Henry County Arts & Crafts Guild Show
Pendleton, Ky.’s Hines to sell her natural candles at upcoming show
Annual event draws a crowd to New Castle fairgrounds
NEW CASTLE, Ky. (April 2016) – Debbie Hines is a versatile artist. A former jewelry maker, she now creates all natural candles with decorative lids, based upon her experience at making jewelry.
Using scented wax and essential oils, she has discovered a way to embellish the packaging that is as attractive as the candles themselves. “I had been making things with my sister and wanted to try candles,” said Hines, 62.
Her biggest obstacle was in having the candle scent leave the candle too soon. She solved the problem by crafting a hammered or embossed copper lid, a functional yet beautiful 3-D piece of artwork.
Louisville native Debbie Hines recently moved to Henry County, where she makes her candles.
“No one else was making copper lids. It’s a unique piece of original artwork,” said the Louisville native. Her business is called Copper Tree Studio.
Hines plans to participate in the Henry County Arts & Craft Guild’s Spring Art Show on April 16 at the Henry County Fairgrounds in New Castle, Ky. Artwork for sale will include paintings, wood turned items, leather art, jewelry, scrimshaw cow horns, metal art, candles, painted wood boxes, baskets, and furniture.
The Guild was formed in 1998 and has long held a very successful art show in the fall. “We had a meeting in February and one of our members suggested we have a spring art show again, and so it was voted in to do that,” said Guild president Malissa Beatty.
Last year’s show went very well for many of the Guild members. Beatty said it is held at a perfect time for “people to come to buy our artwork for Mother’s Day, graduation gifts, birthdays, Derby Day, etc.”
Hines is hoping her candles will be a popular item at the spring show.
There are no chemicals in Hines’ candles, which have a burn life of 25 hours. “Lavender is my best seller,” she said of the 3-inch square by 3-inch tall candles. Lemongrass and eucalyptus are also scents she sells.
Pictured above are samples of Debbie Hines’ candles created with copper metal decorative lids.
Hines joined the Henry County Arts & Craft Guild three years ago to “be with like-minded people,” she said. She had created jewelry for about five to six years before switching to candles. Hines also crafts copper embossed wall plaques.
• For more information about the Henry County Arts & Craft Guild, contact president Malissa Beatty at (502) 220-8968 or find them on Facebook.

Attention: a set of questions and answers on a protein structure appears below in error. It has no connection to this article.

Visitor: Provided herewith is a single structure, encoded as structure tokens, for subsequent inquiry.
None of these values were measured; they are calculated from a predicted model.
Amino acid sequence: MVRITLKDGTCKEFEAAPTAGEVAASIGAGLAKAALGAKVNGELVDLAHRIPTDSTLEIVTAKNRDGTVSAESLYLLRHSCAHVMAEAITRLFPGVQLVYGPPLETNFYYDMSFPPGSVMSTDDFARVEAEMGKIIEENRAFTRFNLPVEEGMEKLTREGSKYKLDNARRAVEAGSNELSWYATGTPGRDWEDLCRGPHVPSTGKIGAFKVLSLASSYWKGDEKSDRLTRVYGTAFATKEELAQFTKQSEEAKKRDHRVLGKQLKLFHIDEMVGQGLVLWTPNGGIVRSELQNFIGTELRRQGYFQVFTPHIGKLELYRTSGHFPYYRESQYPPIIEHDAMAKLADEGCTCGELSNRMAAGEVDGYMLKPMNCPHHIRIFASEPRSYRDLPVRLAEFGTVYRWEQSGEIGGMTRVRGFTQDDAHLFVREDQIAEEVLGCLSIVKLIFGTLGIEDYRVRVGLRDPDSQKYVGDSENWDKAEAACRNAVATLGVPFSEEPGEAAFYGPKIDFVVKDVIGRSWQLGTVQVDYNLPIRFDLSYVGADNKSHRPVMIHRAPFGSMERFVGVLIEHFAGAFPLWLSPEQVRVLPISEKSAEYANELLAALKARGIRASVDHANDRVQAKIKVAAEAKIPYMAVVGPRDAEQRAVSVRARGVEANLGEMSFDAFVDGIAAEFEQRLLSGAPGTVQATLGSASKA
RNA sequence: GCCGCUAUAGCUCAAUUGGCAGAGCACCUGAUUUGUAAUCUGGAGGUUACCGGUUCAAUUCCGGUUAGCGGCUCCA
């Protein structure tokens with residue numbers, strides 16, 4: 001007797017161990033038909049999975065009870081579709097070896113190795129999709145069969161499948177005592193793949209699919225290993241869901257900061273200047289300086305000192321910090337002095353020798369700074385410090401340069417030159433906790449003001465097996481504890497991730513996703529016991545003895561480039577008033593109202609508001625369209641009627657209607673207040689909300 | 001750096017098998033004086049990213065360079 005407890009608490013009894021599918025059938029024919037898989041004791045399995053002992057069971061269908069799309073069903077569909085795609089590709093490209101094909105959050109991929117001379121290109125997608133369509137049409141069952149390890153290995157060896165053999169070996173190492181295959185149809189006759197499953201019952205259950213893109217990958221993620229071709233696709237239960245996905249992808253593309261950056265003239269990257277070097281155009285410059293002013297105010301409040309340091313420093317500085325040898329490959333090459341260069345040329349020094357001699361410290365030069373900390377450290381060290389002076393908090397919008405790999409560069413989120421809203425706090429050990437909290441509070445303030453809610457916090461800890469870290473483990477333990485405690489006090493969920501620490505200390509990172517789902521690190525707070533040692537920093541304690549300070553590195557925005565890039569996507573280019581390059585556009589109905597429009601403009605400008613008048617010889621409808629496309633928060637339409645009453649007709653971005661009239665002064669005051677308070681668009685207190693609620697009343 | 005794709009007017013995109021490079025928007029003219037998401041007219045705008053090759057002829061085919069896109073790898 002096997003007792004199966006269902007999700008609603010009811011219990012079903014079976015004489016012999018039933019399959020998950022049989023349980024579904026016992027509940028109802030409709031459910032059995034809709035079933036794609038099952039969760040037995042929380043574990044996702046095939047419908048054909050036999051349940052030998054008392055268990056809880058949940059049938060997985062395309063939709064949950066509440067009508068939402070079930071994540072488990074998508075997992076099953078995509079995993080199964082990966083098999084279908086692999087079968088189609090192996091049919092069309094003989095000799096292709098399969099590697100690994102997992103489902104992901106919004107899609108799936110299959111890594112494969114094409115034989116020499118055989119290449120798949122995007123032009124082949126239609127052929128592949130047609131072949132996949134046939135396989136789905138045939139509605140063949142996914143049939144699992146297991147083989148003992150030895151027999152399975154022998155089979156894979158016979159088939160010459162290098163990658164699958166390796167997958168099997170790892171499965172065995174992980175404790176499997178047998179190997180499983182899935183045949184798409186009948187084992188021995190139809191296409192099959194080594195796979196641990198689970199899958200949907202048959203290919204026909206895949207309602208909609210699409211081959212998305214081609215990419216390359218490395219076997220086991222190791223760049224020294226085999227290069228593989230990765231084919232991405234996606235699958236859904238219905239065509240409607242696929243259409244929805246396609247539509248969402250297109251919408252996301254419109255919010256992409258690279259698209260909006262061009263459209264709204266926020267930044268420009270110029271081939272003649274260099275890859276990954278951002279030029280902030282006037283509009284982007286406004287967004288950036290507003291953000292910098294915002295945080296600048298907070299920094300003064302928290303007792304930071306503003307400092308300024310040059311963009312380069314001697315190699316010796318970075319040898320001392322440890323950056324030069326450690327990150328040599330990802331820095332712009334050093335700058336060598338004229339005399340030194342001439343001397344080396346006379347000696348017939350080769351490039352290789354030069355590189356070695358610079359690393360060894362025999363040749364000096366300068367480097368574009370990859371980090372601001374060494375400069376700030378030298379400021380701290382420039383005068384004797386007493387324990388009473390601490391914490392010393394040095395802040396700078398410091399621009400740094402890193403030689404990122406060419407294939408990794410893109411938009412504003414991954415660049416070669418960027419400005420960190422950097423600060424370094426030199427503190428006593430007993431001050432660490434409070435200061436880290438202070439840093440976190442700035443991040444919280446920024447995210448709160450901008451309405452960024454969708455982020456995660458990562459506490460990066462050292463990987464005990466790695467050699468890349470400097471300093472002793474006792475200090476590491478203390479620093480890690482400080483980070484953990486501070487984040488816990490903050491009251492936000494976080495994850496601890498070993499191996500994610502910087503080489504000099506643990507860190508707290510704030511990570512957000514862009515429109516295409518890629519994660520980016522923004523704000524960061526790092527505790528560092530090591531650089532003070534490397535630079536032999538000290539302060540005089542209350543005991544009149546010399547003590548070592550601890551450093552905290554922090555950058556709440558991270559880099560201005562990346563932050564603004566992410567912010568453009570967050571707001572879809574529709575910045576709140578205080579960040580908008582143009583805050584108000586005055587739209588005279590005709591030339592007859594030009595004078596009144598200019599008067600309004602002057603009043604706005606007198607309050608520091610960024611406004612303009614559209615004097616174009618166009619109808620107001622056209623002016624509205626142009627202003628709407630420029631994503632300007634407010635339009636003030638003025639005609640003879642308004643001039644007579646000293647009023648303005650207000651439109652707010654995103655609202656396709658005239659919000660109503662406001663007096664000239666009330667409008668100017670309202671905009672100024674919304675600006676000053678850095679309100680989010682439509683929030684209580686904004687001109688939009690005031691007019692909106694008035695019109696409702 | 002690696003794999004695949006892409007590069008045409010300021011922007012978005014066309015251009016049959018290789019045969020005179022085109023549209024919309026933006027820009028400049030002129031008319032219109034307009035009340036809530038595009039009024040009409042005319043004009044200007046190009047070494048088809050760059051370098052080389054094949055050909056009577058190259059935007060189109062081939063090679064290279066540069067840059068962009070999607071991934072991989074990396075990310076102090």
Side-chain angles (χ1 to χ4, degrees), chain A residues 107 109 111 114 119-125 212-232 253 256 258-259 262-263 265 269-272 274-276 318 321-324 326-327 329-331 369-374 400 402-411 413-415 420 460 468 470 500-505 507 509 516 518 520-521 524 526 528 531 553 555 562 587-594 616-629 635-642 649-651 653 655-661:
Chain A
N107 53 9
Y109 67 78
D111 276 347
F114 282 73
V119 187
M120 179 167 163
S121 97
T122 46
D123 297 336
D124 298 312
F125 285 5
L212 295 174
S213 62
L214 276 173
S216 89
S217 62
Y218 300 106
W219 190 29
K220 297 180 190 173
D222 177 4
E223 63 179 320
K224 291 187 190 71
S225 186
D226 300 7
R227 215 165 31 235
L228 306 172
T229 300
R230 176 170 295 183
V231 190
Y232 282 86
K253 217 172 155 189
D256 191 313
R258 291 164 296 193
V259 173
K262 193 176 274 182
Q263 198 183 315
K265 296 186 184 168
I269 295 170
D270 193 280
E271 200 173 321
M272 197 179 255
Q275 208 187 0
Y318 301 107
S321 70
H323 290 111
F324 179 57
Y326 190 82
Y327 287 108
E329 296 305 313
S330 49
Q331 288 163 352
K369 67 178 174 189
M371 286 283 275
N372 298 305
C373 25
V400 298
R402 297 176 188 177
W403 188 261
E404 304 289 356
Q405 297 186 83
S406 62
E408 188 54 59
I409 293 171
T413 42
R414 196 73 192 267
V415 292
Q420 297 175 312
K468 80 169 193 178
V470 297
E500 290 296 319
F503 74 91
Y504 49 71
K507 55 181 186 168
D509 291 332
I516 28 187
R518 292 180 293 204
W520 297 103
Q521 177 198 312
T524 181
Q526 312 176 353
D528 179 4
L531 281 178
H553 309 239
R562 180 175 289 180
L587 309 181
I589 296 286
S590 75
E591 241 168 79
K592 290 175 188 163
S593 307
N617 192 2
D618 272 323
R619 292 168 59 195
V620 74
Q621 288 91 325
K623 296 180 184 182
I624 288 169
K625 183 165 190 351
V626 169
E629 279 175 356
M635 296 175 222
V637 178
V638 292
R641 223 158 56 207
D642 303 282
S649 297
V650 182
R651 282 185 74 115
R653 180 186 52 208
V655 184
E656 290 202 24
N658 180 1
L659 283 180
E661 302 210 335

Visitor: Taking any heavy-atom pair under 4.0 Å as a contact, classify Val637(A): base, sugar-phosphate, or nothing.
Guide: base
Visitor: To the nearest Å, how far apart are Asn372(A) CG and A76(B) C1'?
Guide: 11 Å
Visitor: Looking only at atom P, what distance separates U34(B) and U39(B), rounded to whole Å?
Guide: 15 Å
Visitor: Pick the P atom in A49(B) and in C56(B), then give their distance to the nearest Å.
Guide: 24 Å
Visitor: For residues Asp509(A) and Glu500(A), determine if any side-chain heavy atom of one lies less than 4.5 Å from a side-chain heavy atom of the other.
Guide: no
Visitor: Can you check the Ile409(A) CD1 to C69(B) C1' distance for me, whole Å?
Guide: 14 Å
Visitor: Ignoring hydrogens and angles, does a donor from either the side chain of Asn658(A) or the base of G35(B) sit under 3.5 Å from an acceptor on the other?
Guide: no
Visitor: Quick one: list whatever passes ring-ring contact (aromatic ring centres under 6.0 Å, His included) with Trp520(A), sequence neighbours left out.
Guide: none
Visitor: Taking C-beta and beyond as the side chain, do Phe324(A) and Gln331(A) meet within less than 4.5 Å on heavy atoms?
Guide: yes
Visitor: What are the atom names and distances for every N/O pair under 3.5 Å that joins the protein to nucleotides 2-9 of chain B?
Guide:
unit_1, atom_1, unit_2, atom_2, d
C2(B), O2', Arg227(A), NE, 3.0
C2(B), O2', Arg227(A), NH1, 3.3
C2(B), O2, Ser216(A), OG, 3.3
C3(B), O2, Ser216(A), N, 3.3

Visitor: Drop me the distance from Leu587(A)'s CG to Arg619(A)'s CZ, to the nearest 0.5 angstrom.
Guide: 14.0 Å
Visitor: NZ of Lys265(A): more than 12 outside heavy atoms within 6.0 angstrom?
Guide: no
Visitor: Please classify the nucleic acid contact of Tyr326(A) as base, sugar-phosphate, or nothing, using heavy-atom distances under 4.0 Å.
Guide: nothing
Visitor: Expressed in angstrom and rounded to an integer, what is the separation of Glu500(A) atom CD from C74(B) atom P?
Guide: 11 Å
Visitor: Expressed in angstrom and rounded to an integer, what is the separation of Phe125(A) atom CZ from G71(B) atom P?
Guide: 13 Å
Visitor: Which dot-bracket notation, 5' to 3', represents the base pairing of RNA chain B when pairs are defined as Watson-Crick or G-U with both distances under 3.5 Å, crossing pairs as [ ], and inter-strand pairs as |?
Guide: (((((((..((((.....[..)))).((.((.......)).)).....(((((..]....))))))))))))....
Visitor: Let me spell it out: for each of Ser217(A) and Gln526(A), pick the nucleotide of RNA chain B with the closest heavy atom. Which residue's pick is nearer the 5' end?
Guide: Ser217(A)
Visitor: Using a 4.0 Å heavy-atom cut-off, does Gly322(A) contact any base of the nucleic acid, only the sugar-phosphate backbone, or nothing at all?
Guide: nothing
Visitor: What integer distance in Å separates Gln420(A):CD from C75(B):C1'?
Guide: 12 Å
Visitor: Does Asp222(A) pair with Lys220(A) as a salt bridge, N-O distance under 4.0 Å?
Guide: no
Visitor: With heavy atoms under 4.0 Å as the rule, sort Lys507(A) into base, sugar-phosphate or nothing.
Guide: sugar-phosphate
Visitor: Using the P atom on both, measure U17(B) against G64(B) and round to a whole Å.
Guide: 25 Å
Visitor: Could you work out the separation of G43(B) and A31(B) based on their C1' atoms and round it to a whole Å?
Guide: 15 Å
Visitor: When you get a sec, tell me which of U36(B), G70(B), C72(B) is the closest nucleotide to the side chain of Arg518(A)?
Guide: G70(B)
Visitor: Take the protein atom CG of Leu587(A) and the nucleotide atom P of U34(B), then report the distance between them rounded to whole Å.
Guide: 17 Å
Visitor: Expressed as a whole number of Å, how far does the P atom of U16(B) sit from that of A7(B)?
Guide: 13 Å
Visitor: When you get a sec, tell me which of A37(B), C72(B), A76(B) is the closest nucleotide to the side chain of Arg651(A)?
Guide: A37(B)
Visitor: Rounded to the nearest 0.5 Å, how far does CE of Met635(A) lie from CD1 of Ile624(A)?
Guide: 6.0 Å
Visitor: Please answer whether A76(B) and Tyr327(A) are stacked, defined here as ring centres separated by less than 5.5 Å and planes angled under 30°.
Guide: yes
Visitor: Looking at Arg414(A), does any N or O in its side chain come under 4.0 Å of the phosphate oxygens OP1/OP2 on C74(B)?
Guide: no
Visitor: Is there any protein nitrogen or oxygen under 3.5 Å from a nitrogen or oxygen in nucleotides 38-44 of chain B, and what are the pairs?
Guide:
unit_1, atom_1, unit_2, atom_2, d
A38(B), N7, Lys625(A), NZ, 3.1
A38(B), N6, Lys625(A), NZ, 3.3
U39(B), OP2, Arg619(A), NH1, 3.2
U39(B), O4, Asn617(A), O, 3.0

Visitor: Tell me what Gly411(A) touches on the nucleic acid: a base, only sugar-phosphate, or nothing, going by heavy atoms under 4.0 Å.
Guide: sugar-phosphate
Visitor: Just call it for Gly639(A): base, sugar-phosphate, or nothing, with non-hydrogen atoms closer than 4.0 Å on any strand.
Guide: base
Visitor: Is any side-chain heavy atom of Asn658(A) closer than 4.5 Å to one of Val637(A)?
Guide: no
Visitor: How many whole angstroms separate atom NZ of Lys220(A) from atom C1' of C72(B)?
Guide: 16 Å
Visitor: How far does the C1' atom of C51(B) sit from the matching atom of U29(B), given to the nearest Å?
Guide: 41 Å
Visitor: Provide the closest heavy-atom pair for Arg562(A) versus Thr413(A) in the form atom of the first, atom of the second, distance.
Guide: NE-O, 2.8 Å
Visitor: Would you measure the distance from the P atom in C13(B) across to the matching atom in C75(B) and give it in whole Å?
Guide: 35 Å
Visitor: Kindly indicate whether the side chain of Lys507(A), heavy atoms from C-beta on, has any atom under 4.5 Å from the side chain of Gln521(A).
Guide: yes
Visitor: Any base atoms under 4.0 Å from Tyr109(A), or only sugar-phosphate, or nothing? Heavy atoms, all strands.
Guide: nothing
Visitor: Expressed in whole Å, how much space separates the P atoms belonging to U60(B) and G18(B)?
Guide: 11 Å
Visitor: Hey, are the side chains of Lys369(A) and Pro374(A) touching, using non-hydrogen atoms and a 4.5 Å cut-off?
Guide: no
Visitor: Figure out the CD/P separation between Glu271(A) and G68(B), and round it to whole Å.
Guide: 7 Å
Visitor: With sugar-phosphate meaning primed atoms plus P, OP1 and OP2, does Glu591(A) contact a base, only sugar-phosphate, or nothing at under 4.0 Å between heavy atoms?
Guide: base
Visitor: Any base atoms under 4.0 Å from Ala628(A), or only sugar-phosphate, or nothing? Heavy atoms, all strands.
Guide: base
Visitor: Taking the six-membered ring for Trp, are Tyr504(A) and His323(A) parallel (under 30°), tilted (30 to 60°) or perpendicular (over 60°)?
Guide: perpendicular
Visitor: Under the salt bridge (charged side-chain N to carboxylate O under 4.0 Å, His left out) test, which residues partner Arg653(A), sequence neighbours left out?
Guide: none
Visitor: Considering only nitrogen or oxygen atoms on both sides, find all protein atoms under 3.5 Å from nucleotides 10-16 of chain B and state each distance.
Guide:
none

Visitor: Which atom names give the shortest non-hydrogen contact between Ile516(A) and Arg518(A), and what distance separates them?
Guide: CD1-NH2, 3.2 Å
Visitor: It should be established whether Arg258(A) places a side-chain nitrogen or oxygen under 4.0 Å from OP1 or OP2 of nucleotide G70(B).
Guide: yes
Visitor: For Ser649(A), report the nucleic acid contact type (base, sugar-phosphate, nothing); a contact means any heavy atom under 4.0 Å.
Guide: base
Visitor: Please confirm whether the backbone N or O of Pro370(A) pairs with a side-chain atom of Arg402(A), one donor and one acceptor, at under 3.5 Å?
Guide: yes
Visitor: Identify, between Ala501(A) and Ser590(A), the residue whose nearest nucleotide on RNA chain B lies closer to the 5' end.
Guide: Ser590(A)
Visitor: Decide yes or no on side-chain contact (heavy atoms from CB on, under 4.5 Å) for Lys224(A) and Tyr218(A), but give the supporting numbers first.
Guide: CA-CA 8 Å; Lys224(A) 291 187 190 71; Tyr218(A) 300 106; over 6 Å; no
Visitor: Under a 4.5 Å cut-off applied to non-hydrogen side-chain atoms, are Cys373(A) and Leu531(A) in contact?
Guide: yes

She and her husband, David, moved from Pewee Valley, Ky., seven years ago to Pendleton in Henry County. David owns his own archery shop and indoor range called Tree Shadow Outfitters. Currently located in Shelbyville, he will be moving the business to Henry County soon.
Hines only participates in about two or three shows a year but does sell her artwork through Edenside Gallery on Bardstown Road in Louisville.
She is a member of an informal social artists group, Artistic Women, who meet once a month in different places. Many of the women own galleries, a convenient place for the group to meet. “We share our artwork and it’s a nice networking effort.”
Approximately 10 members of the Guild participate in the Kentucky Renaissance Faire, held in Henry County in June. They have their own building “that we built at the RenFaire’s Main Street,” Beatty said. Plans call for additional work on the building this spring as weather permits.
Beatty said she joined the Guild around 2002, near its formation. Past presidents have included local artists Saundra Smith and Sharon Silvers. “I joined because I knew some of the members already, and we took part in the earlier days of the Renaissance Faire, too.”
Beatty has done a lot of portrait painting throughout her artistic career. One very prominent individual she has painted is Kentucky’s own Bill Monroe. Known to many as “The Father of Bluegrass,” Beatty painted a portrait of Monroe. It hangs over the mantle in his Homestead Museum in Western Kentucky near Rosine, his hometown.
The Guild gives back to the community by helping area artists in many ways. “We help 4-H students who bring their work to sell at our art shows when they want to,” said Beatty.
Students are only charged a small fee for setting up their tables.
Recently, she was asked to give a talk to classes at Kenwood Station Elementary in Oldham County about her artwork and showed them examples of her work. “I had 20 minute sessions with about 50 students in each session and over 600 students all day long,” she said. Guild members have also been asked to judge student artwork for school events and at the Kentucky State Fair.
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